One core aspect of Lifeline: Crisis Line is its emphasis on choices. In this regard, Lifeline: Crisis Line is a triumph. In most situations, the choices the player is left to make truly do impact the game's story. There are only a few instances where choices feel irrelevant, such as Alex disagreeing with the player on whether to add Jason Leder’s wife to the suspect list, regardless of which choice the player actually makes. However, most of the time, the choices do feel relevant. Not only can the player make choices that determine Alex's survival, but the player can also frame choices regarding clues and suspects, all which play heavily into the ultimate goal of the game, which is to solve Jason Leder's murder. Depending on the player’s eagerness to explore or willingness to put Alex’s life in danger, it may be a lot easier - or more difficult - to reach that goal.

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The choices also allow the player to shape what kind of detective Alex Esposito is. One prime example is when Alex is interviewing a close confidant of Jason Leder. This confidant, truly heartbroken by Jason’s death, is presented in a very fragile state. It is up to the player to decide whether Alex should tell the truth about the gruesome reality of Jason’s death or instead tell the confidant that it was quick and painless, ultimately weighing emotion against duty. Situations like this are presented frequently throughout the game, allowing various opportunities to discover which manner of detective work is best needed for each encounter.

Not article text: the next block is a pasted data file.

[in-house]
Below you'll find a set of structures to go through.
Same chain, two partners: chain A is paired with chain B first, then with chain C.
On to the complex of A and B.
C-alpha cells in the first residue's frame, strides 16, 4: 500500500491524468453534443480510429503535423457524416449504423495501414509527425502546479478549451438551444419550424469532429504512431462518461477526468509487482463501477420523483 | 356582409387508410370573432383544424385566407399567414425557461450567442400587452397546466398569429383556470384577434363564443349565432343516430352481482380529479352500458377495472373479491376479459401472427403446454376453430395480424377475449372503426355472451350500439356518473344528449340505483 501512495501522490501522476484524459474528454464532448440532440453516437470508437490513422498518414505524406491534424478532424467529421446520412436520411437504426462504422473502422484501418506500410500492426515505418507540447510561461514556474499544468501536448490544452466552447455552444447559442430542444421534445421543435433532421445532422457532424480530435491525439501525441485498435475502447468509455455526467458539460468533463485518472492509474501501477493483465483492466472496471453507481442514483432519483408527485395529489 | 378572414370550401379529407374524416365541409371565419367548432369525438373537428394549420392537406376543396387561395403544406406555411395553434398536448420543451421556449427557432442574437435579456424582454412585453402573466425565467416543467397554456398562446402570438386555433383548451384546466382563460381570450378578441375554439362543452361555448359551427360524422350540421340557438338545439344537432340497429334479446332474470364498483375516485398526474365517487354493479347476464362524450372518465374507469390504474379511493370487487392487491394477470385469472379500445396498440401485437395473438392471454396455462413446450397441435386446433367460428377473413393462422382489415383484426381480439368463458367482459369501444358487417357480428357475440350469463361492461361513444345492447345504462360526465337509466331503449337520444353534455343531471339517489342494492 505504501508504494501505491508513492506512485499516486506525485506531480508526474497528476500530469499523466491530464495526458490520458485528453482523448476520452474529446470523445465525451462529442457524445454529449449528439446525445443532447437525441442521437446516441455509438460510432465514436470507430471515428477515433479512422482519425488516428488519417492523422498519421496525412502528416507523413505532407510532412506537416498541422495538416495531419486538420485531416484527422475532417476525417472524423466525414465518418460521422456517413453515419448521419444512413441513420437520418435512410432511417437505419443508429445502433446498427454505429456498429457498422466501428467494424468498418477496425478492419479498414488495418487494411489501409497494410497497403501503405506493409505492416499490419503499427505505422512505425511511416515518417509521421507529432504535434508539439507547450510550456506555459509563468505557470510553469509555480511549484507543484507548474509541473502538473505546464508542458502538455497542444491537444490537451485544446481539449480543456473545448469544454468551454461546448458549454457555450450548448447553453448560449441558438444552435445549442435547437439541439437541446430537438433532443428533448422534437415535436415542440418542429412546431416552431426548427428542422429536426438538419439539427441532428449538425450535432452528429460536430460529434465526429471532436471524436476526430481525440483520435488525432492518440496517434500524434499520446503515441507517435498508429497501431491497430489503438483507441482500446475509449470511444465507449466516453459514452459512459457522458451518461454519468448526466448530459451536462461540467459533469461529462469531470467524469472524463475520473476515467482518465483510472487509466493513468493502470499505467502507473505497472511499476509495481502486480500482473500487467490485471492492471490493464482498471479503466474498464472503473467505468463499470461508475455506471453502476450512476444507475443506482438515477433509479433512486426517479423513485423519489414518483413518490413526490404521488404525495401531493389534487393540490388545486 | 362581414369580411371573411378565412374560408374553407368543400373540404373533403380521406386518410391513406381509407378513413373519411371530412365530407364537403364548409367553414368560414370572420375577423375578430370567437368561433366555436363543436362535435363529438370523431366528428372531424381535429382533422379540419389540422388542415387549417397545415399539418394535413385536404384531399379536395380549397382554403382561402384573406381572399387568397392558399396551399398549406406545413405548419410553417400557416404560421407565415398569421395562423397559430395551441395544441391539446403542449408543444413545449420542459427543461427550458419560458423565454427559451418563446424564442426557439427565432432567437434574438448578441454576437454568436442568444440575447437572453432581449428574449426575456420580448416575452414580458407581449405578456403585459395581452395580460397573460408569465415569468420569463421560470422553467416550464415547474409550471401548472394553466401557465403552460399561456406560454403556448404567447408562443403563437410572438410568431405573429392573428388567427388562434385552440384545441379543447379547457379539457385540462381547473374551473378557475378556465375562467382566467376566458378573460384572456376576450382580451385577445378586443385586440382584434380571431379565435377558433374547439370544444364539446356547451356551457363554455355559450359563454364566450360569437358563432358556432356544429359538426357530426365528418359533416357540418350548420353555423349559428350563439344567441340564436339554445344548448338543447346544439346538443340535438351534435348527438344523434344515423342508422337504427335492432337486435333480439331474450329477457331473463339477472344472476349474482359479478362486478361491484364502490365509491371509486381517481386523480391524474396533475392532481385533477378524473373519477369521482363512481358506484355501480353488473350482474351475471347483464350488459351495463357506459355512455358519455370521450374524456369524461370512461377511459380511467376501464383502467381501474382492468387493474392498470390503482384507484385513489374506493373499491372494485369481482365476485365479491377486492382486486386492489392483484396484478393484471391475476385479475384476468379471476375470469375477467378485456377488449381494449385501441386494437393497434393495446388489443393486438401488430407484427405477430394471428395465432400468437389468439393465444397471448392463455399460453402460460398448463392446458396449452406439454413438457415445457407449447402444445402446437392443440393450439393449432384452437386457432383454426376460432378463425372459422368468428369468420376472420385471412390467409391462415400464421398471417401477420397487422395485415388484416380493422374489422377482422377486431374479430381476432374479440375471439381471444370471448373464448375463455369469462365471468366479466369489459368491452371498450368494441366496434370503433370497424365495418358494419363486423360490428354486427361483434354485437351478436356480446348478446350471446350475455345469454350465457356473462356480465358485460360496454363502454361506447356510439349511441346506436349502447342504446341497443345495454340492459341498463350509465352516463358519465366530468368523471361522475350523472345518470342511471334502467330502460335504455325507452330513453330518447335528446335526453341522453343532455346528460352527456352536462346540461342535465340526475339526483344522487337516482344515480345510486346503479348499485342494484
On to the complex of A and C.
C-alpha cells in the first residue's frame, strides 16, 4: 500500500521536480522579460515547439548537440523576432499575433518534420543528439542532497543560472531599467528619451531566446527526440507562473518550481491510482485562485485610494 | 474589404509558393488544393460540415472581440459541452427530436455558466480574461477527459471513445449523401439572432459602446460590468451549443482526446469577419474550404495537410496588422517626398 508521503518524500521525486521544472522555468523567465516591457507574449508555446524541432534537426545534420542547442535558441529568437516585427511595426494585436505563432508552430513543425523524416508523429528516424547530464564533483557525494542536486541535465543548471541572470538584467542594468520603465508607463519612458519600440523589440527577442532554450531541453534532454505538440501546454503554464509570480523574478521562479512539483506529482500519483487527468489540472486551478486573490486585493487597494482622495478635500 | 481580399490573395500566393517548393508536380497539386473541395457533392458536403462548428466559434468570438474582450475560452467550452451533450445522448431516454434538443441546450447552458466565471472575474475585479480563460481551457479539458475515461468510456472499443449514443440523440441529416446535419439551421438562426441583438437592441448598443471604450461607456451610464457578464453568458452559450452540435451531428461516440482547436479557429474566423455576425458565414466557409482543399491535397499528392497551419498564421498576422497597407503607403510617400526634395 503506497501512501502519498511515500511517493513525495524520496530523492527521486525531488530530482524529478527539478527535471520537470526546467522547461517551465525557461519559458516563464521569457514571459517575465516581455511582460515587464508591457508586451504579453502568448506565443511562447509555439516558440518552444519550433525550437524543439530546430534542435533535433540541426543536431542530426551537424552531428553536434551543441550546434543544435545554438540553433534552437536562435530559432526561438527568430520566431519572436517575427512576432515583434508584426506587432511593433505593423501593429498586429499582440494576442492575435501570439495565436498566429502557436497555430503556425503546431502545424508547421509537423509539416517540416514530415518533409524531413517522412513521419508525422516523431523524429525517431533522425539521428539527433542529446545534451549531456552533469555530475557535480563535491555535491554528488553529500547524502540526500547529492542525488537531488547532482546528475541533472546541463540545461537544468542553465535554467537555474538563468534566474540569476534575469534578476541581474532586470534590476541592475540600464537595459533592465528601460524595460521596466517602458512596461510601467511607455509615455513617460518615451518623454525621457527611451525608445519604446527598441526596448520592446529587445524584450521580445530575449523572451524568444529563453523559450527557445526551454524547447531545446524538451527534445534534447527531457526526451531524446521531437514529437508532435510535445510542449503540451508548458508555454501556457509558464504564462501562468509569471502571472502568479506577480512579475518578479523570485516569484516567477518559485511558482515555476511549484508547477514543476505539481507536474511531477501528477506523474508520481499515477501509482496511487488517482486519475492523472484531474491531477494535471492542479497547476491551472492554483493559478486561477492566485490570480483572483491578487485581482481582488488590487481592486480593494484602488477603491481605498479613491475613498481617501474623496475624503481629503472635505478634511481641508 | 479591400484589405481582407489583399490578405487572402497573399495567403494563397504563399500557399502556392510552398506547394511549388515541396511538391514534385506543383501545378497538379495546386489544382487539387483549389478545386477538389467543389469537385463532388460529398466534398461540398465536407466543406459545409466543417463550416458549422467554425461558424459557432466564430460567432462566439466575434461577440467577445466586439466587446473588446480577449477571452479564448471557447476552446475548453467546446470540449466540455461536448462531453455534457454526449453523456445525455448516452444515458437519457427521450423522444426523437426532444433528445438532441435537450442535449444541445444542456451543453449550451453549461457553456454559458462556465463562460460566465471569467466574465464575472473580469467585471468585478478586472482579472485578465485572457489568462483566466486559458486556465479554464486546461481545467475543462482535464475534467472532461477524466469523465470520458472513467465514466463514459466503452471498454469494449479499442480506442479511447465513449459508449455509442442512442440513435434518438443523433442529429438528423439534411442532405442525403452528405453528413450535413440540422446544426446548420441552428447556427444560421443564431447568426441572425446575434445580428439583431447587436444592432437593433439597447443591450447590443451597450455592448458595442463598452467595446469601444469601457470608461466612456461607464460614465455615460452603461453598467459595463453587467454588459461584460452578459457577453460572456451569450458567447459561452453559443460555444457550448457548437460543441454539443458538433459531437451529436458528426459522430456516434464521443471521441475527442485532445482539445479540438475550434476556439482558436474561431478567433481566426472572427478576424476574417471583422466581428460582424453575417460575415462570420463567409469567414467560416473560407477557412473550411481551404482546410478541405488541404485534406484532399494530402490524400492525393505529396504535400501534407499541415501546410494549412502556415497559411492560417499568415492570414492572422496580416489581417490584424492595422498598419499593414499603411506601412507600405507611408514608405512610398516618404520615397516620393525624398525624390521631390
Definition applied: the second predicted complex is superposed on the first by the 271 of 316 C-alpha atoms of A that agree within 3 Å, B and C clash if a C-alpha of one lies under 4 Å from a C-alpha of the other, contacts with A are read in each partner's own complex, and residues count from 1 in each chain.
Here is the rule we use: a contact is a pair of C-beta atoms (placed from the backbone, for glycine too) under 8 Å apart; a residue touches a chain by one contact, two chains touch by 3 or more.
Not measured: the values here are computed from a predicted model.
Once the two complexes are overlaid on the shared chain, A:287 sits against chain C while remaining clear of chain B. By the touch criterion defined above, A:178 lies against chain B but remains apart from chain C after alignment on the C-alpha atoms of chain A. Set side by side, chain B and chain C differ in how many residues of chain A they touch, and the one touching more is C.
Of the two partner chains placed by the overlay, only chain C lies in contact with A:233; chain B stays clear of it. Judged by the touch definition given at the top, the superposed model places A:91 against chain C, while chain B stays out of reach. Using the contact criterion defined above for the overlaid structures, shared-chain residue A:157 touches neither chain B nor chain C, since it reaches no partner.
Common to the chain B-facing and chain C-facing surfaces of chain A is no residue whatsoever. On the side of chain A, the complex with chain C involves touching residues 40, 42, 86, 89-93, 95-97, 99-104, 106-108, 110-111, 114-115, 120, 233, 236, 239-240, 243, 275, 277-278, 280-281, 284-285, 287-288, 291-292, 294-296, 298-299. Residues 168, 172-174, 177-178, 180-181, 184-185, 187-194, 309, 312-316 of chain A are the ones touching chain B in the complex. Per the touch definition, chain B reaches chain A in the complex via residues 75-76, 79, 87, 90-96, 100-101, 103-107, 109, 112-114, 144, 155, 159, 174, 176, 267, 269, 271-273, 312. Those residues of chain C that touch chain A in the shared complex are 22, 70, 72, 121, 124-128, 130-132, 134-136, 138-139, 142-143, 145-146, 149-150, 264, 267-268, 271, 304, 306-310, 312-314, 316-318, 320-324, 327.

The choices presented give players the opportunity to shape the game according to their own needs. One example is when Alex describes the details of the murder to the player and asks whether the player wants him to leave the gory details out of his description. Ultimately, this allows players to filter the game to their own sensitivities. There are also choices that allow players to either stay focused on the main story or allow it to be derailed at moments to explore the depth of Alex’s character. It entirely depends on player choice.

One distingquishing aspect of gameplay for Lifeline: Crisis Line is its “idle” time. Idle times are moments in the game when Alex is occupied with something and is away from the conversation, intending to immerse the player in a real-world environment. In the aforementioned interview, Justus remarked, “The ‘idle' time was essential to Three Minute's concept of a real-time conversation; it takes time for the characters to walk to a new location, or to eat a meal, or to rest for a bit.” Sturges upholds this aspect of idle time to good effect, often having Alex take breaks from HelpText to rest or drive. These idle times are also presented realistically, with one example being a drive taking 30 minutes instead of 15 due to traffic.